Brazil's Senate Gives Go-Ahead to Petrobras Capitalization Plans

BRASILIA (Dow Jones Newswires), June 10, 2010

Brazil's Senate approved Thursday the government's complicated capitalization plan for state-run energy giant Petrobras, opening the door to what's expected to be the one of the world's largest-ever share offers.

Under the capitalization plan, Petrobras will receive the rights to explore and produce up to 5 billion barrels of oil from offshore areas currently held by the government. Petrobras will issue new shares to pay for the oil rights, with minority shareholders accompanying the offer.

The Senate approved the same version of the bill that was approved by the Lower House, meaning that the measure will go right to President Luiz Inacio Lula da Silva's desk for signing. President Lula is expected to sign the bill in short order.

Petrobras will then be able to move forward with the massive share offer, which analysts estimate could be valued at between $50 billion and $60 billion. About one-third of the shares will be swapped for the government-held oil rights. The federal oil company will hold a shareholders meeting June 22, when investors will vote to approve a request to increase the company's capital by as much as 150 billion Brazilian reals ($81.3 billion) via the sale of new common and preferred shares.

Petrobras needs the cash generated from the share offer to fund development of the so-called pre-salt oil fields. Petrobras plans investments of between $200 billion and $220 billion in the 2010-2014 period. The presalt finds were made under a thick layer of salt in the Santos Basin off the coast of Sao Paulo and Rio de Janeiro states. The oil lies under more than 2,000 meters of water and a further 5,000 meters under sand, rock and a shifting layer of salt. Development of the fields is expected to be pricey and complicated, given the technical challenges of operating in the relatively new oil frontier.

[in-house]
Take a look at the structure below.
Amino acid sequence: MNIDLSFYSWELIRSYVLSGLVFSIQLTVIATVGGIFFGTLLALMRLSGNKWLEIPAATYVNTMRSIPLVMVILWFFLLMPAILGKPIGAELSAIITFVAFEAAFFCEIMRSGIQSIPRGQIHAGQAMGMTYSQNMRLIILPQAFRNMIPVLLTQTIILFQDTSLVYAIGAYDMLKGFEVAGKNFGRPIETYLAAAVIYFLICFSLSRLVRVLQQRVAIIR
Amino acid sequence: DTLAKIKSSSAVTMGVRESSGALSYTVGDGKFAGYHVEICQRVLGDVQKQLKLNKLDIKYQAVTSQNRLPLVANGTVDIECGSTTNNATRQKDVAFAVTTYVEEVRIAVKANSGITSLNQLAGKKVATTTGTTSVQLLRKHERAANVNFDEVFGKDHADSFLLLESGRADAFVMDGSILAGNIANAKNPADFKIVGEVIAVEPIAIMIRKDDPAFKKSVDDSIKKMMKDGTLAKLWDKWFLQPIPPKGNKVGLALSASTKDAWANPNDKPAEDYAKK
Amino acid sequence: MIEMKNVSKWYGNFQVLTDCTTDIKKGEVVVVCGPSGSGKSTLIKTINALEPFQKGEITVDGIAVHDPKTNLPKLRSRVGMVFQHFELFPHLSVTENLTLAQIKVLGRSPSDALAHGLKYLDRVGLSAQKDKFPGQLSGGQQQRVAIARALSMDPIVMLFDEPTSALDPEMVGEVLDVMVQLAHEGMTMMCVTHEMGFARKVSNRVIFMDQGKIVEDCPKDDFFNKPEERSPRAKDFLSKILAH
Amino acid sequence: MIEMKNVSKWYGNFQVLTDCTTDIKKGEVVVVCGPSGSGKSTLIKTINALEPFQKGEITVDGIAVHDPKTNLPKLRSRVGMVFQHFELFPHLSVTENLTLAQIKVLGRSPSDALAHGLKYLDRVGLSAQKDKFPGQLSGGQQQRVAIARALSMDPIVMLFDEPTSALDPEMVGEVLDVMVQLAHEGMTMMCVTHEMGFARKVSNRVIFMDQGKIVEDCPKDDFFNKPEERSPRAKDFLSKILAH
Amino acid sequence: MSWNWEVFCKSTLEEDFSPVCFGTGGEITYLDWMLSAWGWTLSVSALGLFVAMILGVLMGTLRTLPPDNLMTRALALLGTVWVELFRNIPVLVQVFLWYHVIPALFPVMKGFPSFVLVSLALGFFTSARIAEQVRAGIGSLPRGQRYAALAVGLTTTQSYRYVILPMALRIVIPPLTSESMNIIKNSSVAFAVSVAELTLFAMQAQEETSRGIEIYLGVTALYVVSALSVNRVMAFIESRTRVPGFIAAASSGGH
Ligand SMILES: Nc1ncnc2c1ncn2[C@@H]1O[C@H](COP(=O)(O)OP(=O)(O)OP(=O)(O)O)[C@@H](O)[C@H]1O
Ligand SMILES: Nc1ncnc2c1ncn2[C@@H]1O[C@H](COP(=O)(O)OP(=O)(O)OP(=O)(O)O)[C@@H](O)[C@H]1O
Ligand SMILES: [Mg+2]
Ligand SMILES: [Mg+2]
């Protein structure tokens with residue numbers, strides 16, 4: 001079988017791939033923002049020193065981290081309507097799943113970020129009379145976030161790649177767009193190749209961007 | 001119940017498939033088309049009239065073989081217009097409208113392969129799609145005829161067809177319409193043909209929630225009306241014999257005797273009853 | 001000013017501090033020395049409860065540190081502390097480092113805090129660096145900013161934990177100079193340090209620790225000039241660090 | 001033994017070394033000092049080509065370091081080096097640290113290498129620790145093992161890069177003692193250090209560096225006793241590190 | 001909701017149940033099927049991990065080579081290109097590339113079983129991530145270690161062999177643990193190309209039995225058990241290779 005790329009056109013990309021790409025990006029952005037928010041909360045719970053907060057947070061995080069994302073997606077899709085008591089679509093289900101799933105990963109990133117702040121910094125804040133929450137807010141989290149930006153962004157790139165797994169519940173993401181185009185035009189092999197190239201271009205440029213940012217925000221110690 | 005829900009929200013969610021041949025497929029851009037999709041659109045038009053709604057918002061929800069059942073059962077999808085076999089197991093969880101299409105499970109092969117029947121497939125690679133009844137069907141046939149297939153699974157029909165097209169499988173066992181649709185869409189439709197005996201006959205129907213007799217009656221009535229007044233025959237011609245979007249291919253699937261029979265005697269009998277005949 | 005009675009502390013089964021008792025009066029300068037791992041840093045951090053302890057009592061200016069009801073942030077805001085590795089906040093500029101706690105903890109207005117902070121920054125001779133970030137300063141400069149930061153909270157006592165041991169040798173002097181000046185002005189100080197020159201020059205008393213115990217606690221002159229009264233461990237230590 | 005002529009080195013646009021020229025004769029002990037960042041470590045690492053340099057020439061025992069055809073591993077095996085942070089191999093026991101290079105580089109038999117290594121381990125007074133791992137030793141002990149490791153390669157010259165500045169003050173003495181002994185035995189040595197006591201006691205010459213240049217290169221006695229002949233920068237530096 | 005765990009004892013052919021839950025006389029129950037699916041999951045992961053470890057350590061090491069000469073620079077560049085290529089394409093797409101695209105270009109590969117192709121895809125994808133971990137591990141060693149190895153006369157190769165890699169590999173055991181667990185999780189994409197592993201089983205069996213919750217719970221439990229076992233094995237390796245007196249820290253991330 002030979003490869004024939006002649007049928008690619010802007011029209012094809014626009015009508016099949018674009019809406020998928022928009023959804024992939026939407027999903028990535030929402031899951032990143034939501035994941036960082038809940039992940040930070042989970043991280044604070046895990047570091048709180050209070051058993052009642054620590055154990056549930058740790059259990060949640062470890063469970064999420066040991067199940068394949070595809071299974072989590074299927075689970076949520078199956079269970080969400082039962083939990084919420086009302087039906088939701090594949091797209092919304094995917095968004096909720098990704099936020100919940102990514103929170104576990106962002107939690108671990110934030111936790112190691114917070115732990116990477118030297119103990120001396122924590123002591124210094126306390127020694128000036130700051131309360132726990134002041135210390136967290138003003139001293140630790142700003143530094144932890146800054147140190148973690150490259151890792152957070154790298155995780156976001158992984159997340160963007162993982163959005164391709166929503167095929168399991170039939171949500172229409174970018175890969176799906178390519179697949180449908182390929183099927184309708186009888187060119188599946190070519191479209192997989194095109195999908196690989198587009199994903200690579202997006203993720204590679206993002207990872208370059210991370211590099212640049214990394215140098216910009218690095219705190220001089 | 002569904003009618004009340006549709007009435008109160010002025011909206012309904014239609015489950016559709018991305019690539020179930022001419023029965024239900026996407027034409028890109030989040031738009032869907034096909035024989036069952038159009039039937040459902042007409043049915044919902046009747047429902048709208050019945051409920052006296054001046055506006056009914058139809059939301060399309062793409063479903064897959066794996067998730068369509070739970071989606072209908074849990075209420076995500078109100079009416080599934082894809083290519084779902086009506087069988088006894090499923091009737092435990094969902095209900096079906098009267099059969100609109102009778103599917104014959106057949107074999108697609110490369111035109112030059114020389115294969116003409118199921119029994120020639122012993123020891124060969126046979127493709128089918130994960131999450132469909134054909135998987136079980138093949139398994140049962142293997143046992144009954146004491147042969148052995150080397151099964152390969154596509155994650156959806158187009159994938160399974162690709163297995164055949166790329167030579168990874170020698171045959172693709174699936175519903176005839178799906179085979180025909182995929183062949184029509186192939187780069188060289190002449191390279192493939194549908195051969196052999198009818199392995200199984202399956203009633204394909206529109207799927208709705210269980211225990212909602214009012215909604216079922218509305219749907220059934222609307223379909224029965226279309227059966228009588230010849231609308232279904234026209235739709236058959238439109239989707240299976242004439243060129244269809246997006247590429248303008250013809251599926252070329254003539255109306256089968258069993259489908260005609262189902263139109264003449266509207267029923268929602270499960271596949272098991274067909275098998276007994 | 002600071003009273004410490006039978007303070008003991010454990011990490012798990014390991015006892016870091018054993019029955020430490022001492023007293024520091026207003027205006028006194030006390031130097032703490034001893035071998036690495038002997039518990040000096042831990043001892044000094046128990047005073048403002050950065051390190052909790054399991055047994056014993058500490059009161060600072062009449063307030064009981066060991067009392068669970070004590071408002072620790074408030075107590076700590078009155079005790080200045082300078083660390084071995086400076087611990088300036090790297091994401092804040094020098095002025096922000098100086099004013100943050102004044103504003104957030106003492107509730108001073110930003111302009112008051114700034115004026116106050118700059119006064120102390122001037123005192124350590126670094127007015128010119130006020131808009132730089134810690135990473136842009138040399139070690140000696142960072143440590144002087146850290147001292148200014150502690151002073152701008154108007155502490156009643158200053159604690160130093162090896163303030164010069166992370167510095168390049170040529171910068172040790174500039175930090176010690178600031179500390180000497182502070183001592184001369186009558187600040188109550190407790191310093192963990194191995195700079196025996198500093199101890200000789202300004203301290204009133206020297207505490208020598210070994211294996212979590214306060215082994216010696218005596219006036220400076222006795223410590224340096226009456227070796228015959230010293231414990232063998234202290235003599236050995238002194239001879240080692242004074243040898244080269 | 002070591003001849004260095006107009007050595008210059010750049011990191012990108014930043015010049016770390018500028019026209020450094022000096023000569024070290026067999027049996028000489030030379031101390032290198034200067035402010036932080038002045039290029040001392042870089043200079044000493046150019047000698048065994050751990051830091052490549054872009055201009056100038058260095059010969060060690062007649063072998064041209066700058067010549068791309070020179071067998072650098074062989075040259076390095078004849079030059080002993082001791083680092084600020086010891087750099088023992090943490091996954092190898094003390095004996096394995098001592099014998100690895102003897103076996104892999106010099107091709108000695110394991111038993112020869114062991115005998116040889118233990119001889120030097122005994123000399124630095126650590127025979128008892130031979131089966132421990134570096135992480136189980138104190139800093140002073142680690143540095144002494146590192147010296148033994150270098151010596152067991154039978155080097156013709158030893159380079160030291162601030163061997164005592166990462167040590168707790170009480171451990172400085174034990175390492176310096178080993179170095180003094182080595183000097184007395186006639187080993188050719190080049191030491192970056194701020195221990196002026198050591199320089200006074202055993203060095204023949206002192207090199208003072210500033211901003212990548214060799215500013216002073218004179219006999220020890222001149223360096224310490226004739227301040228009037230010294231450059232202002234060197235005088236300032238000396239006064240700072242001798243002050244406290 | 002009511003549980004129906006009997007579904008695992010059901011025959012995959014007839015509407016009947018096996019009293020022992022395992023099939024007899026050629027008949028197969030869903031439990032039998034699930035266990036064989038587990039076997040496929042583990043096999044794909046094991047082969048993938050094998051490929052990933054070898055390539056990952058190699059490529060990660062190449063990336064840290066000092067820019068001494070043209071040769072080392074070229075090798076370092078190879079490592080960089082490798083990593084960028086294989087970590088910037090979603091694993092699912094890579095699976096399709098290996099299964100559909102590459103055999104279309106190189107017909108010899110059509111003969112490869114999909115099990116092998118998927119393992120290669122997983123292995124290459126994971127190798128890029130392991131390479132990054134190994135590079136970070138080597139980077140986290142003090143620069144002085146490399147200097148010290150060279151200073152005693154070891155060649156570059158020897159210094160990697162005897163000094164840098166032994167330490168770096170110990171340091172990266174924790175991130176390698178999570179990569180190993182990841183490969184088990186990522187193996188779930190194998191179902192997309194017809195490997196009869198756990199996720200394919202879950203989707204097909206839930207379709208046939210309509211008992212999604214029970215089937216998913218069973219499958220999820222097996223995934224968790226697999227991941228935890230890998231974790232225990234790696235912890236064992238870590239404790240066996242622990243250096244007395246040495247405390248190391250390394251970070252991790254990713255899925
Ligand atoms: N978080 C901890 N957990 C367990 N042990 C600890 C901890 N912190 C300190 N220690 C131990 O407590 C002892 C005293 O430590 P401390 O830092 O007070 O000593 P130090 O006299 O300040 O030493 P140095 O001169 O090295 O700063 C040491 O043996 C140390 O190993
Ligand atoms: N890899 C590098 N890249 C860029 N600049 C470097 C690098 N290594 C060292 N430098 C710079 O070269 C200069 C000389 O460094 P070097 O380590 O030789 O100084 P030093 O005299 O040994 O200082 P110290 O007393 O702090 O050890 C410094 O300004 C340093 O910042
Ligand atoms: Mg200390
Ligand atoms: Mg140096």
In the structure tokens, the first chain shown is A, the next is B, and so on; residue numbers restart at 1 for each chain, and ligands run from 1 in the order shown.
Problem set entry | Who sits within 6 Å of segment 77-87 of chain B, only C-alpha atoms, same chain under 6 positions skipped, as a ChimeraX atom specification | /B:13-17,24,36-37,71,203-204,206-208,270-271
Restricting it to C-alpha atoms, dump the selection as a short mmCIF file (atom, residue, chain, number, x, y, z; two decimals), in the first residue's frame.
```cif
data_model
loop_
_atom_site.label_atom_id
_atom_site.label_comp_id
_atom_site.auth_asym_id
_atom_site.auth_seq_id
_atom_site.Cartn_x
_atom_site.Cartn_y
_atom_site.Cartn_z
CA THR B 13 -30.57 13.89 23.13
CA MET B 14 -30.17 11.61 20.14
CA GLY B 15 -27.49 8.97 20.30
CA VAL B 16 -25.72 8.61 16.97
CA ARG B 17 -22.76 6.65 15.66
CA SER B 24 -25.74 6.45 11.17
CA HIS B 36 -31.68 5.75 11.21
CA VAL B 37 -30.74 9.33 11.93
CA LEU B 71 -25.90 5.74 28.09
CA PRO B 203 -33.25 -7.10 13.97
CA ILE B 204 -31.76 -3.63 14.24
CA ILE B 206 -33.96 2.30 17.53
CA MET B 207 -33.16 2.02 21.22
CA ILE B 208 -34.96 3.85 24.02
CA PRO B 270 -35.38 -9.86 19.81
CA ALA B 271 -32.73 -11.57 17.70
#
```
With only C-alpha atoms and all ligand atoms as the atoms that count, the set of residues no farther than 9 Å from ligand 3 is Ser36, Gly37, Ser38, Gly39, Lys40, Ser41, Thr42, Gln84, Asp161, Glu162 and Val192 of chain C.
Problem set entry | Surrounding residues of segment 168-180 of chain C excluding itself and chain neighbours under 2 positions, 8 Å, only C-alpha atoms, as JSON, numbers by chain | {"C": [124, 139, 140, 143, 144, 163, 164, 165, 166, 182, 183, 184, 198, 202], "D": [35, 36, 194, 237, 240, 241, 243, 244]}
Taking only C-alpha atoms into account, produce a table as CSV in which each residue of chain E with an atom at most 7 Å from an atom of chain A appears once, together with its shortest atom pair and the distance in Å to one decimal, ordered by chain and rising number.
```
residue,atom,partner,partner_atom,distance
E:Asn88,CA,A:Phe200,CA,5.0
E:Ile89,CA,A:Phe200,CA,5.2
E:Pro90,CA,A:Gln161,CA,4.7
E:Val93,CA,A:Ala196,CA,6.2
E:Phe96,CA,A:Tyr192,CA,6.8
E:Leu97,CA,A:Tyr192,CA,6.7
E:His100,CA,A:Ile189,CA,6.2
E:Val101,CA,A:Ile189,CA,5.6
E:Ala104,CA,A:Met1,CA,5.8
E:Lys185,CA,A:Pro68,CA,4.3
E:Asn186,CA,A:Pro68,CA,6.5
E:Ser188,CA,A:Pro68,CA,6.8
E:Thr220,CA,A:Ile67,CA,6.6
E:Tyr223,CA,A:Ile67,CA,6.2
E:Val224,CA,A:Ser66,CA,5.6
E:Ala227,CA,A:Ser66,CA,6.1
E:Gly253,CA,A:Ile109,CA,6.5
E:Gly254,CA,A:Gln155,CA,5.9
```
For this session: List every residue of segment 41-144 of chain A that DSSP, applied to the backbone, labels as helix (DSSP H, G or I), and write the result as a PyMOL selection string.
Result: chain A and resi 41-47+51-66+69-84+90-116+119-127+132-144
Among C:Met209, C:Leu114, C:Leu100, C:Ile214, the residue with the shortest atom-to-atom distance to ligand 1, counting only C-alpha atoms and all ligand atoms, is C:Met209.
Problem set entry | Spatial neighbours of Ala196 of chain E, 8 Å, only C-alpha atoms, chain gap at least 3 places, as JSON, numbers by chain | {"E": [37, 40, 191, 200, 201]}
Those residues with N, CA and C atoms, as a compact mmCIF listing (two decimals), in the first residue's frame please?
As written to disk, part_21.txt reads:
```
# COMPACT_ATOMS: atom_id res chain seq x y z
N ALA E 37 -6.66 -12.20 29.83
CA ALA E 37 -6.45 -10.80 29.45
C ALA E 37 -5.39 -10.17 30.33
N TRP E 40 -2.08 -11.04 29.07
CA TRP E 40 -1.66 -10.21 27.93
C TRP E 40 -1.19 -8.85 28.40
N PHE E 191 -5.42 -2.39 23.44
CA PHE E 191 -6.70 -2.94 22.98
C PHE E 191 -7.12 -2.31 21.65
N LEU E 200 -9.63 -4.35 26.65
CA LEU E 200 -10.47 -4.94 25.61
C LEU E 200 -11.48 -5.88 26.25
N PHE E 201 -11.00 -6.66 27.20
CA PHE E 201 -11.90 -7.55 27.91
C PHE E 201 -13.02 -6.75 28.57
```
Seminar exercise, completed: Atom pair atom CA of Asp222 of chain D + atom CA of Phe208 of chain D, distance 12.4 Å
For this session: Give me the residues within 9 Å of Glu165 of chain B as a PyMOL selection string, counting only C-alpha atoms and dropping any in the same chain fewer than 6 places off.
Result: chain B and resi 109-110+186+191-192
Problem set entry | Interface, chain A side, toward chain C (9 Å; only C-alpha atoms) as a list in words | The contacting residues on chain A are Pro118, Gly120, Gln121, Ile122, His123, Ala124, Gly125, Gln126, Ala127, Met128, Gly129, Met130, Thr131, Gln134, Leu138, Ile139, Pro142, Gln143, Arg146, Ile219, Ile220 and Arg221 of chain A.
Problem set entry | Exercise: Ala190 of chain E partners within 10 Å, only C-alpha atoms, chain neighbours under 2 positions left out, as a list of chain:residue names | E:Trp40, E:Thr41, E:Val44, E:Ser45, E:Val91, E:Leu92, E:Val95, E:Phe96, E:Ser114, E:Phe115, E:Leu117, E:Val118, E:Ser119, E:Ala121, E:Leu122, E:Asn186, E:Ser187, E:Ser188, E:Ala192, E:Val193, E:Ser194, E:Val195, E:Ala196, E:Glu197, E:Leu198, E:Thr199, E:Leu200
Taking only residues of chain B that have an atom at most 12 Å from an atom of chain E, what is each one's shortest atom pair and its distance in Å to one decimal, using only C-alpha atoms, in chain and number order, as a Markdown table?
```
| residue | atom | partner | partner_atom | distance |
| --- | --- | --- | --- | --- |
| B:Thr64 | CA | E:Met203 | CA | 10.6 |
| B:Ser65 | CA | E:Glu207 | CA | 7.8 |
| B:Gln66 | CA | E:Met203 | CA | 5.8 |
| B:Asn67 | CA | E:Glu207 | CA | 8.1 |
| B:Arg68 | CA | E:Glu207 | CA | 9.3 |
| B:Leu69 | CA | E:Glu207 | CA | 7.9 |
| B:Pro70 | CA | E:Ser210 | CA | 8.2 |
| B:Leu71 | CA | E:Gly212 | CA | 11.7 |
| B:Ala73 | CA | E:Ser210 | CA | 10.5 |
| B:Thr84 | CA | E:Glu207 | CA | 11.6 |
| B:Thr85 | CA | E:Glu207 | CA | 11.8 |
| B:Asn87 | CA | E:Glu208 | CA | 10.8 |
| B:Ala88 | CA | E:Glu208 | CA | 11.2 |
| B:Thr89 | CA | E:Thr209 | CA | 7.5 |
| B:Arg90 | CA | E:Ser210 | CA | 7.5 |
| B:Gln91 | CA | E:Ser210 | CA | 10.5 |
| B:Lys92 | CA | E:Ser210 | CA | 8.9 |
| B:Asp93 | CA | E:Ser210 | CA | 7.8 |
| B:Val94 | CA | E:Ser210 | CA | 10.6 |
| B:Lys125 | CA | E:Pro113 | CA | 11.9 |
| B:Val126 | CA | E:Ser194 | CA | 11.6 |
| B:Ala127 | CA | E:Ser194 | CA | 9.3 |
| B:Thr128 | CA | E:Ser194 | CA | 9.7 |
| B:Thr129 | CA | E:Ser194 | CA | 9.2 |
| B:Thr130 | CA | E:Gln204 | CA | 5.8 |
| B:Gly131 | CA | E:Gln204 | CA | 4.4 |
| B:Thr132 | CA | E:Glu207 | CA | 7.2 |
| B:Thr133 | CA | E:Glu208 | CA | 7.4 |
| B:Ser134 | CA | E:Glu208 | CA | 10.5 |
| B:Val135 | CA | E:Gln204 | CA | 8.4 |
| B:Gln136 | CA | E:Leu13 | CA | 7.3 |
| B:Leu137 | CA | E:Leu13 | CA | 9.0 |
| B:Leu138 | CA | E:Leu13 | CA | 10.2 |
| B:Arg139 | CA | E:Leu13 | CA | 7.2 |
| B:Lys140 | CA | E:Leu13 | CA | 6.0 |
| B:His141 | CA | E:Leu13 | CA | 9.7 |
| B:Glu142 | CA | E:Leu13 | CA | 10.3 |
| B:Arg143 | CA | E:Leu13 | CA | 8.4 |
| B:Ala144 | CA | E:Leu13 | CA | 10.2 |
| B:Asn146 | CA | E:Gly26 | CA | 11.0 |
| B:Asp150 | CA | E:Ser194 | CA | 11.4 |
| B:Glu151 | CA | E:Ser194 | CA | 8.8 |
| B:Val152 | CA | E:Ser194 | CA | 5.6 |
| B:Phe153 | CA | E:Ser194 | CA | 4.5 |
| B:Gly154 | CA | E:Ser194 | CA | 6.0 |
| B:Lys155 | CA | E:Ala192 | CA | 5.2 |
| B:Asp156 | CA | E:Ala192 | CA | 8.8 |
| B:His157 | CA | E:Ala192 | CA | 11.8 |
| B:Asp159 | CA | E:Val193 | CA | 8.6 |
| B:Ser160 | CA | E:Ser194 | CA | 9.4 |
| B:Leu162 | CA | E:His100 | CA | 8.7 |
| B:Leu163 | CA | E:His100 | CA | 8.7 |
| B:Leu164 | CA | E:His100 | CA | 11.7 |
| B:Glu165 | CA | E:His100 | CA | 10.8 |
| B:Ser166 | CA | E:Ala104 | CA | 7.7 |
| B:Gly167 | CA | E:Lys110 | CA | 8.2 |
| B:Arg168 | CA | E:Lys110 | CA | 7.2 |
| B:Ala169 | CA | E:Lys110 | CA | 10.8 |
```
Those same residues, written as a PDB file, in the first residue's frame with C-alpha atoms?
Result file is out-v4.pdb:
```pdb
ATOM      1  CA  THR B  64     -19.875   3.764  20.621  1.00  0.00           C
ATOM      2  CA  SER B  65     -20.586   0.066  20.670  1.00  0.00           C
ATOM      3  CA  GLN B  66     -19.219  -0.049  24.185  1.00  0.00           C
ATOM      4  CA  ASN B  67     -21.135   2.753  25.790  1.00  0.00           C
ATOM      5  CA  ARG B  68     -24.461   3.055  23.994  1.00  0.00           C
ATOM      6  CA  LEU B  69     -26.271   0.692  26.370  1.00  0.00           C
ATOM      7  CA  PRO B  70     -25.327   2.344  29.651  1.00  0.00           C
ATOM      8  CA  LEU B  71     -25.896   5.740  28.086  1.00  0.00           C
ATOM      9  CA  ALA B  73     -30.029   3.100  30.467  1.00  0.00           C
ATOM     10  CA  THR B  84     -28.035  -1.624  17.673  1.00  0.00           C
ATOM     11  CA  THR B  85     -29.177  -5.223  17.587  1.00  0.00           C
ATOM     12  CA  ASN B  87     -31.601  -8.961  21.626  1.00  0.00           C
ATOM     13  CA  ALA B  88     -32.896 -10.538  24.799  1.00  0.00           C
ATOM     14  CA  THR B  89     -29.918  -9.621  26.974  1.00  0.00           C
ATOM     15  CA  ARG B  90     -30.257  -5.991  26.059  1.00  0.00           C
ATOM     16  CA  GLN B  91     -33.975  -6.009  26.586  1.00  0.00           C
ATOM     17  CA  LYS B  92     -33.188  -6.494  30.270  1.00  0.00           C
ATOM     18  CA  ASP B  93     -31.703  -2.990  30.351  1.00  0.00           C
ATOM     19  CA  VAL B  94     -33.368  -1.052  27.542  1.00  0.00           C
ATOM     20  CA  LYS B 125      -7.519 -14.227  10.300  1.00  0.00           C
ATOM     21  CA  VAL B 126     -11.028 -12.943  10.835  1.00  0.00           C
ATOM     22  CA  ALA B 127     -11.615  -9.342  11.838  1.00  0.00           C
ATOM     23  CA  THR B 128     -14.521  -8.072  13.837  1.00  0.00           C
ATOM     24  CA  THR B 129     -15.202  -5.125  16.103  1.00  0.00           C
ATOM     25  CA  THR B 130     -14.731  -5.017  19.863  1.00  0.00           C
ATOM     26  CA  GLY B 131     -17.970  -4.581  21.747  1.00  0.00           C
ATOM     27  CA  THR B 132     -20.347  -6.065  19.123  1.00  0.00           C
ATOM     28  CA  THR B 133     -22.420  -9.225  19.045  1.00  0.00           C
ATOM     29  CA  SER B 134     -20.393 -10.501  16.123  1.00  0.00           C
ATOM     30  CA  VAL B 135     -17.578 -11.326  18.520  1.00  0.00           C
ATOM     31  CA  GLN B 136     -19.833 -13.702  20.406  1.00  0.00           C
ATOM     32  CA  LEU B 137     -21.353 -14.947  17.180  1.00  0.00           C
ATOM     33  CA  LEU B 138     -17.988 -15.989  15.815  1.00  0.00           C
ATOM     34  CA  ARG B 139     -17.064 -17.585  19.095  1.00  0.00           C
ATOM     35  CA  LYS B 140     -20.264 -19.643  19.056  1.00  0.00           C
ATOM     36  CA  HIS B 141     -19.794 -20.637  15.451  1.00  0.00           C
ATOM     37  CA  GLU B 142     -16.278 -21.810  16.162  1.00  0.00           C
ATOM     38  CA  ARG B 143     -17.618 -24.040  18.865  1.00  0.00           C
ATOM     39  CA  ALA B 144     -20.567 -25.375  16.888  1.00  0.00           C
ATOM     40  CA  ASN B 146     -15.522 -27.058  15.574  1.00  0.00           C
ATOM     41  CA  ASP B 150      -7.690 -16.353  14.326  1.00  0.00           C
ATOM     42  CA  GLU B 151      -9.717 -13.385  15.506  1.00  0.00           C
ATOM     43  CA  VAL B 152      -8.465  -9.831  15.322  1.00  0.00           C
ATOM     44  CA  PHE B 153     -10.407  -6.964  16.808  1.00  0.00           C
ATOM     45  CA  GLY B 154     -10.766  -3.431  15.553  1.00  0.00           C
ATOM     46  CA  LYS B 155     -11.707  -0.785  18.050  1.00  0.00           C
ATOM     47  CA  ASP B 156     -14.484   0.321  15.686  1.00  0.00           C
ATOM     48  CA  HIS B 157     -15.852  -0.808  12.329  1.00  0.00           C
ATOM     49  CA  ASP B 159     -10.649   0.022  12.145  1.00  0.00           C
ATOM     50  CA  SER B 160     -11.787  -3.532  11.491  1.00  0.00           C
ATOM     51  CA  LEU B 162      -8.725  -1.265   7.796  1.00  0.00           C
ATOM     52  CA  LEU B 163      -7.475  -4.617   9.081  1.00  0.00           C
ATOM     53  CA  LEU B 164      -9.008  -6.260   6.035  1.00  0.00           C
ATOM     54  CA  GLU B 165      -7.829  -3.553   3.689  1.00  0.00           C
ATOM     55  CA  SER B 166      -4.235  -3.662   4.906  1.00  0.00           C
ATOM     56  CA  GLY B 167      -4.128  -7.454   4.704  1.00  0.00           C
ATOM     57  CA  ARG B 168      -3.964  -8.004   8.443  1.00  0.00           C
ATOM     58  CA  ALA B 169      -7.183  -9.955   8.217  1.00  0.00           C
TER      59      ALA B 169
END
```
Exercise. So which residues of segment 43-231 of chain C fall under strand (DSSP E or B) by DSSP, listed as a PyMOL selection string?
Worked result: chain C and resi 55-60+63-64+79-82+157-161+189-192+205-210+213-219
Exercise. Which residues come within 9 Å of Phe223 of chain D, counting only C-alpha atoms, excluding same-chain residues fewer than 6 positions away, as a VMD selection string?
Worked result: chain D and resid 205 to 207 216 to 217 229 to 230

Petrobras will also use proceeds from the share offer to reduce the company's leverage, allowing the company to once again tap global capital markets in the future.

Petrobras' ambitious development plans pushed the company's net debt-to-capitalization ratio to 32% at the end of the first quarter. The oil company targets leverage of 25% to 35%. By reducing debt ratios, Petrobras can benefit from the heated demand its bond issues typically attract from investors.

The Senate's approval also ended complicated election-year political wrangling that had delayed voting on the bill, which is part of President Lula's overhaul of Brazil's oil laws. Other measures, including bills related to royalties and production-sharing agreements, still need to be approved. Petrobras officials, frustrated by the repeated delays, said in May that the company would go forward with the share offer with or without the oil rights swap. The company wants to complete the sale of new shares before summer holidays in the Northern Hemisphere affect market liquidity.

Uncertainties surrounding the share offer have also weighed heavily on Petrobras shares. So far in 2010, Petrobras' preferred shares were down nearly 17.8% on the Sao Paulo Stock Exchange. The shares have underperformed the benchmark Ibovespa stocks index, which is down 9.9% in the same period.

Petrobras will still need to negotiate a price for the oil rights, although the country's National Petroleum Agency, or ANP, has already discovered two large offshore reserves. The ANP, Brazil's main regulator for the oil and natural gas industry, discovered the Franco and Libra prospects as part of its role in the government's capitalization plan. Franco was estimated to hold recoverable reserves of 4.5 billion barrels of crude oil, second only to the enormous Tupi discovery that started the presalt madness in November 2007. Tupi was estimated to hold between 5 billion and 8 billion barrels of oil equivalent, or BOE. According to ANP President Haroldo Lima, Libra is even bigger.

Copyright (c) 2010 Dow Jones & Company, Inc.


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